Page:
Green Gables Mansion 

Having one residence is great, but having more is generally better-especially if you're having family over. Green Gables, which just hit the market for $125 million, has seven in total. Located in Woodside, one of Silicon Valley's wealthiest enclaves, the 74-acre property feels suitably remote, sitting just 30 miles south of San Francisco.

The listing isn't affiliated with the L.M. Montgomery classic Anne of Green Gables, but it still rich with history. Mortimer Fleishhacker, a businessman who, among other things, helped fund (at the time) the world's largest outdoor saltwater swimming pool, first bought the land at the turn of the 20th century. He tasked influential Arts and Crafts architects Greene and Greene with building the main house, which remains to this day.

A grand house, but Fleishhacker wanted more. He had a "Roman pool" built in front of it, a large pool with arches on one end with the look of ancient architecture. Then there was the "tea house" and a six-bedroom home for his daughter-the latter was designed by sought-after area architect William Wurster.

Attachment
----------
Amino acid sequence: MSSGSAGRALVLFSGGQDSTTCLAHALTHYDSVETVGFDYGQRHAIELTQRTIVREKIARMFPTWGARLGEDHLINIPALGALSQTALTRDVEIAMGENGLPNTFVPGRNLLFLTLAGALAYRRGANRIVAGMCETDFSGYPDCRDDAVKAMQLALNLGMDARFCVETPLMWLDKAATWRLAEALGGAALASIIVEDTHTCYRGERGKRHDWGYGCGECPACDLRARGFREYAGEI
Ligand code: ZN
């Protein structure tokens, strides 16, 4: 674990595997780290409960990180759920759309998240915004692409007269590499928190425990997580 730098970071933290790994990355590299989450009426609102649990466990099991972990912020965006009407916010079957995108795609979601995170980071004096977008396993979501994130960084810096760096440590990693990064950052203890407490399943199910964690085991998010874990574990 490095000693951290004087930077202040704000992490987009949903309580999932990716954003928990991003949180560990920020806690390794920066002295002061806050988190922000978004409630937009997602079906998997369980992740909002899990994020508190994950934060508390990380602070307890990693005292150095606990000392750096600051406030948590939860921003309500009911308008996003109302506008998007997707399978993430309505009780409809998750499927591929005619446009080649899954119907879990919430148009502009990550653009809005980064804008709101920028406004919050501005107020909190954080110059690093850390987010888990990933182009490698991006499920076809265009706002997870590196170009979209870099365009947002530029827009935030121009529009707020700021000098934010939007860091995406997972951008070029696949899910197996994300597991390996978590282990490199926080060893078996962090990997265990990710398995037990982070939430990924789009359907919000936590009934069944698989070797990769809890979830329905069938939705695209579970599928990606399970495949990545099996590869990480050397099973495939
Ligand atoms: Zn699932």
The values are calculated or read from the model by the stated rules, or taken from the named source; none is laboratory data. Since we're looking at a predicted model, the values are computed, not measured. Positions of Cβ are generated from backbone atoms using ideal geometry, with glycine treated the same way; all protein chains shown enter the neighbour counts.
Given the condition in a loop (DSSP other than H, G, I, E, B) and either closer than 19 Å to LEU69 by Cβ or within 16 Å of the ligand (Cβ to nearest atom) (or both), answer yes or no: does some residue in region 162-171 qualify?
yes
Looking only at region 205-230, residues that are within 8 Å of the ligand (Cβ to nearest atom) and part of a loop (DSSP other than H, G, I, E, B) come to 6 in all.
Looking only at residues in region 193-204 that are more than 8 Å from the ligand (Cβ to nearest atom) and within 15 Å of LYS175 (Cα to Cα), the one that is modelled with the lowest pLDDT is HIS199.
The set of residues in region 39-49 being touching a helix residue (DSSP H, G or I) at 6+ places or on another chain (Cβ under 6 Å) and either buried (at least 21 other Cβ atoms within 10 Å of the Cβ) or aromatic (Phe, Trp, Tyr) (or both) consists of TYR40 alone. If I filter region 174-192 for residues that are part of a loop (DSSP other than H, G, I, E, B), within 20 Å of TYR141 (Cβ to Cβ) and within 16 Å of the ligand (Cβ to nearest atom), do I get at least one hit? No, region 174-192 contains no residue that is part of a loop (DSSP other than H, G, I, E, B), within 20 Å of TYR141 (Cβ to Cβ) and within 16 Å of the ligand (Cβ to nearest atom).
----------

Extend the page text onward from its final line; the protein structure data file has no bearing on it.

Some of the other homes also go way back; two of them were originally built in the 1860s and had to be updated. The property also has a separate butler's residence, as well as a newer construction from the 1970s that has its own pool.

The landscaped flower and vegetable gardens are another major perk, though the next owner could make the available acreage into pretty much anything-there's a barn that could be adapted for equestrian use; the land could also be made into a vineyard. Fleishhacker largely used the property as a sort of family vacation spot. It also makes for a great corporate retreat, since there are so many different structures on the property, and 32 beds in total. The United Nations held its 20th anniversary commemoration gala here in 1965, so it's also great for hosting big parties.

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